Lane Creek Formation - Graphitic schist, quartz mica schist, graphitic quartzite, quartzite, amphibolite, pegmatite and quartz veins.

Around 98% of the uranium mineralisation at Maureen is restricted to units 7 to 9 inclusive, and is strongly controlled by sedimentary features, being hosted mainly by conglomerate, sandstone and rhyolitic volcanic rocks, with the remaining 2% found within the underlying metamorphic basement.

The upper Palaeozoic sediments and volcanics have an overall dip of ~25°W, with minor local variations, cut by numerous faults and shears which dominantly trend east-west, corresponding to zones of outcropping silicification, often accompanied by uranium and fluorite mineralisation. These structures appear to exert a significant control on the distribution of the best mineralisation. Vertical and lateral displacement across these structures is usually no more than a few metres, with a maximum of 8 m. An extensive, 54° trending normal fault with maximum vertical displacement of 45 m, disrupts the main zone of mineralisation on the southern margin of a basement high.

Complex uranium and molybdenum phosphates occur as groundmass replacement, selective replacement of clasts, fracture filling and occasionally as complete replacement of clays. From the surface down to about 75 m depth, dispersion of the U-F-Mo minerals is extensive, strongly influenced by the permeability in the coarser sediments, and by the chemical composition of the finer sediments. At depth, the mineralised zones narrow, and appear to be confined to zones of deformation, accompanied by strong hydrothermal alteration. A correlation between uraninite and carbonaceous material is indicated in the primary zone, while arsenopyrite is widespread in the sediments but absent in the basement. The best uranium values occur in tabular elongate bodies (“mantos”) associated with abundant fluorite and lesser molybdenum. These mantos dip at about 20°, are elongated along the bedding planes and are enclosed within generally tabular zones of weaker U-F-Mo mineralisation which 'bulk-up' to form coherent tabular bodies with three-dimensional continuity and economic grades.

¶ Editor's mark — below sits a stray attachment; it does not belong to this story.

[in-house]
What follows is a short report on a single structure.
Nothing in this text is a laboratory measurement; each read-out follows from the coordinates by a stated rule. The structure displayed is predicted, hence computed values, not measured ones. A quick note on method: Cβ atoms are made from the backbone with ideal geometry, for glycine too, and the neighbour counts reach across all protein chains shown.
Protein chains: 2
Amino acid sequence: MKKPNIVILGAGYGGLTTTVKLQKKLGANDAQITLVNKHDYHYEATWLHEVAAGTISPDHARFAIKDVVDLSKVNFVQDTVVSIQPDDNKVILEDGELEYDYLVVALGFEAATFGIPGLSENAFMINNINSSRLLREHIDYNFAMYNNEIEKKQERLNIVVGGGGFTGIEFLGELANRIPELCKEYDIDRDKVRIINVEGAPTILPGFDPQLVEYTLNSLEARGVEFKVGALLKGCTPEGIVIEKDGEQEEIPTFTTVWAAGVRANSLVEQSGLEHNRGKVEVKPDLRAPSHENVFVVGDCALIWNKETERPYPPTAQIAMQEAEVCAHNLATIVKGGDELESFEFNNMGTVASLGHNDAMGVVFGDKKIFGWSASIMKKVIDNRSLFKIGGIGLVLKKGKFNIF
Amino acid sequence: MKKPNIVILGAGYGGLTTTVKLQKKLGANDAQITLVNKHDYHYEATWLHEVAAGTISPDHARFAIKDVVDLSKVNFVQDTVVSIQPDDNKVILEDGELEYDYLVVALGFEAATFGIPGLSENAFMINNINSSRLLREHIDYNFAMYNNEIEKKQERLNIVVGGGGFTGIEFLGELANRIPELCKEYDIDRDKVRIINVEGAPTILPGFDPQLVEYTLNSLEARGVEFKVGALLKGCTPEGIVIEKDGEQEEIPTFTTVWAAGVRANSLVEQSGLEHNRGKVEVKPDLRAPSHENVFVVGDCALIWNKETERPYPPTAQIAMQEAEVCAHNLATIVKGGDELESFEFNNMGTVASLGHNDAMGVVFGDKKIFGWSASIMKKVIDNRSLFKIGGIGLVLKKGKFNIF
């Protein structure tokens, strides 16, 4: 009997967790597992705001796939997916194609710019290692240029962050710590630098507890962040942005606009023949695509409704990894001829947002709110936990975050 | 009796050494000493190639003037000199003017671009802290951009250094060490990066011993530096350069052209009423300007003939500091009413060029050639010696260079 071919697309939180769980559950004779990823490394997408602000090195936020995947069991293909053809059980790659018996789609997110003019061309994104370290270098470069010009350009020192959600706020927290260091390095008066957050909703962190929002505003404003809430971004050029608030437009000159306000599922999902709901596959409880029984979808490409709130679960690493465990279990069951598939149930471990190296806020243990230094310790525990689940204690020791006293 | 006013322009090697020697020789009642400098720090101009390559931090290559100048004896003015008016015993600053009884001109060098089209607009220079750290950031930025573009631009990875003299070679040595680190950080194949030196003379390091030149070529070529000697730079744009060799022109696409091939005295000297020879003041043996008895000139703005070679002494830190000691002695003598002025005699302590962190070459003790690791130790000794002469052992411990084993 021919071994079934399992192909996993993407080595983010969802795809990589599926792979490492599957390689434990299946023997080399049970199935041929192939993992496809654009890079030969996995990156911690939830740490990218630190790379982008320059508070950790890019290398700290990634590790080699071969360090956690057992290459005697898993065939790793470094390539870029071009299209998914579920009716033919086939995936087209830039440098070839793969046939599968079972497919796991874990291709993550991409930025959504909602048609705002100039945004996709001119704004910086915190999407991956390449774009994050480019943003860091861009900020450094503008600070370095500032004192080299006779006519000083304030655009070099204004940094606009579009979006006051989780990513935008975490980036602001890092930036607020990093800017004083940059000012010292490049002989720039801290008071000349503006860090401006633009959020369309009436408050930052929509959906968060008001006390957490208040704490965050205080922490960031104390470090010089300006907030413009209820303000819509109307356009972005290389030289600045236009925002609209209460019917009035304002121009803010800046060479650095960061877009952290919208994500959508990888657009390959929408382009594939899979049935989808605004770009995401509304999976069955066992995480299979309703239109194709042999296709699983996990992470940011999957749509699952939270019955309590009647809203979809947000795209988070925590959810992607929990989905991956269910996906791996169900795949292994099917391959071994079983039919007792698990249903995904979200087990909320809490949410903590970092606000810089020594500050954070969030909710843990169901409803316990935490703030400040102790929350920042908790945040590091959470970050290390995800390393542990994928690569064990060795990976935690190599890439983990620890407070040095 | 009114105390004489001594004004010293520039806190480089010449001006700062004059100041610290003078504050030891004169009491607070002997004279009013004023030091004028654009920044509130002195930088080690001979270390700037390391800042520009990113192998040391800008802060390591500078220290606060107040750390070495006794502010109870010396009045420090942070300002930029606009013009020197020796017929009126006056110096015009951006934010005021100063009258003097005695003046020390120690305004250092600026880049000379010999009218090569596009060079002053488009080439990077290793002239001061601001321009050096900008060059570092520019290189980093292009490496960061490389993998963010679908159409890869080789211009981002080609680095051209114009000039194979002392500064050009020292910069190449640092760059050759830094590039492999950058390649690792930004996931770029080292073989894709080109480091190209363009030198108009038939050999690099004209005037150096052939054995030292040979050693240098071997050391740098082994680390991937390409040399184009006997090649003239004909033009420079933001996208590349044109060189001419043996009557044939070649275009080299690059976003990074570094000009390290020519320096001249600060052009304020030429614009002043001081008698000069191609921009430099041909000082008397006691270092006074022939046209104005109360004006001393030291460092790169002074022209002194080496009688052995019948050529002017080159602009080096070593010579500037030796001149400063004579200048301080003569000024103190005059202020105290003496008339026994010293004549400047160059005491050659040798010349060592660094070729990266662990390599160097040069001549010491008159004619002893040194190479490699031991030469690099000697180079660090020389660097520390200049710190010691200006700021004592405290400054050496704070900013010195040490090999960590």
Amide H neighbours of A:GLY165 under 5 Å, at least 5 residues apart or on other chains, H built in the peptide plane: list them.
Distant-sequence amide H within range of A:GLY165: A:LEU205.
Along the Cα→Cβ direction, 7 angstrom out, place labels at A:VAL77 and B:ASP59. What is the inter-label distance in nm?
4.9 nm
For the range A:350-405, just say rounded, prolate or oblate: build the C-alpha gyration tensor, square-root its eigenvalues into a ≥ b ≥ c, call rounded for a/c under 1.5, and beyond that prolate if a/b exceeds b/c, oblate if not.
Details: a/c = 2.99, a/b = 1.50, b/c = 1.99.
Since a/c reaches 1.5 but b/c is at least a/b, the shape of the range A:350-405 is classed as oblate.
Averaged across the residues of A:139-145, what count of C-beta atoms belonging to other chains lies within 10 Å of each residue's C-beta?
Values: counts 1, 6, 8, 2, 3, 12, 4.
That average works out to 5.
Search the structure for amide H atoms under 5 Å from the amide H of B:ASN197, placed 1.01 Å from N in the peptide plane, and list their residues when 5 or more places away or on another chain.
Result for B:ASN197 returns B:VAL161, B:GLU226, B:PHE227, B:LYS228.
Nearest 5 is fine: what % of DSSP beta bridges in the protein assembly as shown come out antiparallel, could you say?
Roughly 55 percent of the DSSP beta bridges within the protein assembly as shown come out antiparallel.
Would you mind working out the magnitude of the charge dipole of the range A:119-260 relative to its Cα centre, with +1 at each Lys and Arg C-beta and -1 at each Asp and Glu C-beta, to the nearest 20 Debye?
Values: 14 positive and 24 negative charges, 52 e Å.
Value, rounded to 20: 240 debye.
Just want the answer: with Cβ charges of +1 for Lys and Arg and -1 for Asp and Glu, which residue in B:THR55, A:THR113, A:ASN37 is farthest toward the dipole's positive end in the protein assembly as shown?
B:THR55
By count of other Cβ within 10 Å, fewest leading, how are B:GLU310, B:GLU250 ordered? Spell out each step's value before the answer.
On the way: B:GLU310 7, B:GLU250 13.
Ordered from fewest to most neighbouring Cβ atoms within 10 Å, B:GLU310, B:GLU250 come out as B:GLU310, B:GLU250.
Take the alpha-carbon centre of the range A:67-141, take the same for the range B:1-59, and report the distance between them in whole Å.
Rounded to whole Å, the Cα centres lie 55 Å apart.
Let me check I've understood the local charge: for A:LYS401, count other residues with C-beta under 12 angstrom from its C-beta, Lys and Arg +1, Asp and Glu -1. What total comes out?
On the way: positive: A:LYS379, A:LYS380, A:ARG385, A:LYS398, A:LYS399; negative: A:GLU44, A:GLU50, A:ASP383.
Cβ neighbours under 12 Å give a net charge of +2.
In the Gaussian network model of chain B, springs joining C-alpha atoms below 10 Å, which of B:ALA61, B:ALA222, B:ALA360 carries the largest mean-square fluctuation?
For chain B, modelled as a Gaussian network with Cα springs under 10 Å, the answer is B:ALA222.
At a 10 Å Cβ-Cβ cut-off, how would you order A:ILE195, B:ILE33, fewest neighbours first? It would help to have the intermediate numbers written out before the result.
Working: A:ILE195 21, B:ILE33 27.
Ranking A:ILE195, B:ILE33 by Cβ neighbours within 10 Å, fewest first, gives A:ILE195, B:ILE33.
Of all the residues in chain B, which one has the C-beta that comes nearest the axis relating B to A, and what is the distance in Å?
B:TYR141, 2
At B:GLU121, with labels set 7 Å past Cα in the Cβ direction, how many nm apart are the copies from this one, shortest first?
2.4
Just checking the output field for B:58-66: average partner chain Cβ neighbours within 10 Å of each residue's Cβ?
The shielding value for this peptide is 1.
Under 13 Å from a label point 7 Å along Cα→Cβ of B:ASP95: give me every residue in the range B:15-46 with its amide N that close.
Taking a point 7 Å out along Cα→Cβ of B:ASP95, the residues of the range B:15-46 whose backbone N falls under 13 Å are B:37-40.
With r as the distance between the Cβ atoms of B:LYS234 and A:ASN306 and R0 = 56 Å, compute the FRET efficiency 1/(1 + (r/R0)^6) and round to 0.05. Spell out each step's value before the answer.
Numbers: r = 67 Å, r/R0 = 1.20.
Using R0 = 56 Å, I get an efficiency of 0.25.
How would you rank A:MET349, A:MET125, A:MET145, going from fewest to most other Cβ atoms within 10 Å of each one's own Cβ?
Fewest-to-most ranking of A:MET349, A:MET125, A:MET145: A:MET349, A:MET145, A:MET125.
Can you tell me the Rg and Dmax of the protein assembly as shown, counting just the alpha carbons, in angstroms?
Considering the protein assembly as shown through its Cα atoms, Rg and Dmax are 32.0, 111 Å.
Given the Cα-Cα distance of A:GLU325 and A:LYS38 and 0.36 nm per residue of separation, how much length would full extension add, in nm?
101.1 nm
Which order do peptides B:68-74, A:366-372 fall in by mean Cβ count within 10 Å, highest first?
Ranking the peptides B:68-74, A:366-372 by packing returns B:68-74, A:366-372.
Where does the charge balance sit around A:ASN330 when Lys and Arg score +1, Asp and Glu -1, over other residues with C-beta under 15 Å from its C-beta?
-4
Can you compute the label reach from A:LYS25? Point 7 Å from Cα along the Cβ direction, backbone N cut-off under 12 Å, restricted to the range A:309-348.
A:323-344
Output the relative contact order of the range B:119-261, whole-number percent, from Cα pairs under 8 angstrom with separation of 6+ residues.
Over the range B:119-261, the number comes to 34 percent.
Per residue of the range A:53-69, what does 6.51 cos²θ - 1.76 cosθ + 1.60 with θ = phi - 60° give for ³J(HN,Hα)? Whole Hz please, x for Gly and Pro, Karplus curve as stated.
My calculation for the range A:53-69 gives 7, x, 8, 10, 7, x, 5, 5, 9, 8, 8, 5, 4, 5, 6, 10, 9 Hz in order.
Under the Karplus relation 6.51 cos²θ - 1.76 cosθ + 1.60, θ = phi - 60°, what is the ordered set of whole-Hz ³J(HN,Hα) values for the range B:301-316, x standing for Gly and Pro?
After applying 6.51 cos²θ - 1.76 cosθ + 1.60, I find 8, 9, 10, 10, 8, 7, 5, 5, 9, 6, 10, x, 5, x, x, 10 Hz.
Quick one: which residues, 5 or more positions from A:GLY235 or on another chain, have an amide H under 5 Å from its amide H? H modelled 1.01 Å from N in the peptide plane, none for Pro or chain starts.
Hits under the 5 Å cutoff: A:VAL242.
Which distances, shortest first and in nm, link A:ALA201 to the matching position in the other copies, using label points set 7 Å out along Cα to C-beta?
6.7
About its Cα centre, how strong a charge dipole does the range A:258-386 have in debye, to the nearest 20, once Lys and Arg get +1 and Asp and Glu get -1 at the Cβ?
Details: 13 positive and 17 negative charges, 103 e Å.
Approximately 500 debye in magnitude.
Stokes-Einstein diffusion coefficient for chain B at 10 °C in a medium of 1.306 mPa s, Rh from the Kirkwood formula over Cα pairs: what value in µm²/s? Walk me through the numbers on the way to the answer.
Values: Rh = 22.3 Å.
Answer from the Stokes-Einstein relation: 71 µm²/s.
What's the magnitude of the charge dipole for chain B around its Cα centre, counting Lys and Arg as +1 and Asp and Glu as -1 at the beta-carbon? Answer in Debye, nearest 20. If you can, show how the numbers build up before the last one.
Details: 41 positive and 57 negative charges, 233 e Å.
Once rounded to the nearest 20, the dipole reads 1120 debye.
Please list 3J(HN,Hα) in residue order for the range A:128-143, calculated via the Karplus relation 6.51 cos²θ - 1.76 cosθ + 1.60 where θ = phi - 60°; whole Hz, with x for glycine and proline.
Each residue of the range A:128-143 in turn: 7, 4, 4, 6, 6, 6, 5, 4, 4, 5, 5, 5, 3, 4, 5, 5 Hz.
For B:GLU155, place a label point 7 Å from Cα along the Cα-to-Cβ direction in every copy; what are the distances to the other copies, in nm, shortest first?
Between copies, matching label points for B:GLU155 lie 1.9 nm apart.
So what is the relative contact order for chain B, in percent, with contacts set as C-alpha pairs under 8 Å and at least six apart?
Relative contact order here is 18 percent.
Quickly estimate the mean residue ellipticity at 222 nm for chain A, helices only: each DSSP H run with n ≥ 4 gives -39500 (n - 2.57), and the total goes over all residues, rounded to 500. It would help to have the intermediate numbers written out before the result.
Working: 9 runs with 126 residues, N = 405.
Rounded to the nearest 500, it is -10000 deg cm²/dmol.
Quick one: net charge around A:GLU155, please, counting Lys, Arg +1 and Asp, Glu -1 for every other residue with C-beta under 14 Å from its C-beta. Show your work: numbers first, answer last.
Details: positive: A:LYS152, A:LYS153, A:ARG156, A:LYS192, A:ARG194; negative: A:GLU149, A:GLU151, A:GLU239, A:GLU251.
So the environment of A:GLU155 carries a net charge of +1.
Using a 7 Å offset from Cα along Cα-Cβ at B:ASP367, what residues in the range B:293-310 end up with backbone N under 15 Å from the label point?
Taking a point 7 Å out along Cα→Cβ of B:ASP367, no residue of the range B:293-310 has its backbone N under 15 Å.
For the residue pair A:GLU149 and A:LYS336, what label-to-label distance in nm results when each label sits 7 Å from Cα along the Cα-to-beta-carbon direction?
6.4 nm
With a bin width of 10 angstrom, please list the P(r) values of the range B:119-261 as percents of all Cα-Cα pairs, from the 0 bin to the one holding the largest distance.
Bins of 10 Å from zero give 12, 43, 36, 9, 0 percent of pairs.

Deposit summary based on Jones, 2006).

The estimated resource has been quoted by GeoScience Australia (2001) as 2.383 Mt @ 0.123% U3O8 for 2940 t of contained U3O8.

Resources in July 2008 were quoted by Mega Uranium Ltd, 2008, at:
    Indicated resource - 3.124 Mt @ 0.09% U
3O8, 0.06% Mo for 2709 t U3O8
    Inferred resource - 0.154 Mt @ 0.11% U
3O8, 0.10% Mo for 173 t U3O8

The most recent source geological information used to prepare this summary was dated: 2006.    
This description is a summary from published sources, the chief of which are listed below.
© Copyright Porter GeoConsultancy Pty Ltd.   Unauthorised copying, reproduction, storage or dissemination prohibited.

  References & Additional Information
   Selected References:
Hurtig N C, Heinrich C A, Driesner T, Herrmann W, Wall V and Mathison I,  2014 - Fluid Evolution and Uranium (-Mo-F) Mineralization at the Maureen Deposit (Queensland, Australia): Unconformity-Related Hydrothermal Ore Formation with a Source in the Volcanic Cover Sequence: in    Econ. Geol.   v.109 pp. 737-773
Jones D  2006 - Technical Report for Mega Uranium Ltd on the Georgetown Project (Maureen Deposit), North Queensland, Australia (excerpt): in    Publicly available report to Mega Uranium    18p

Porter GeoConsultancy Pty Ltd (PorterGeo) provides access to this database at no charge.   It is largely based on scientific papers and reports in the public domain, and was current when the sources consulted were published.   While PorterGeo endeavour to ensure the information was accurate at the time of compilation and subsequent updating, PorterGeo takes no responsibility what-so-ever for inaccurate or out of date data, information or interpretations.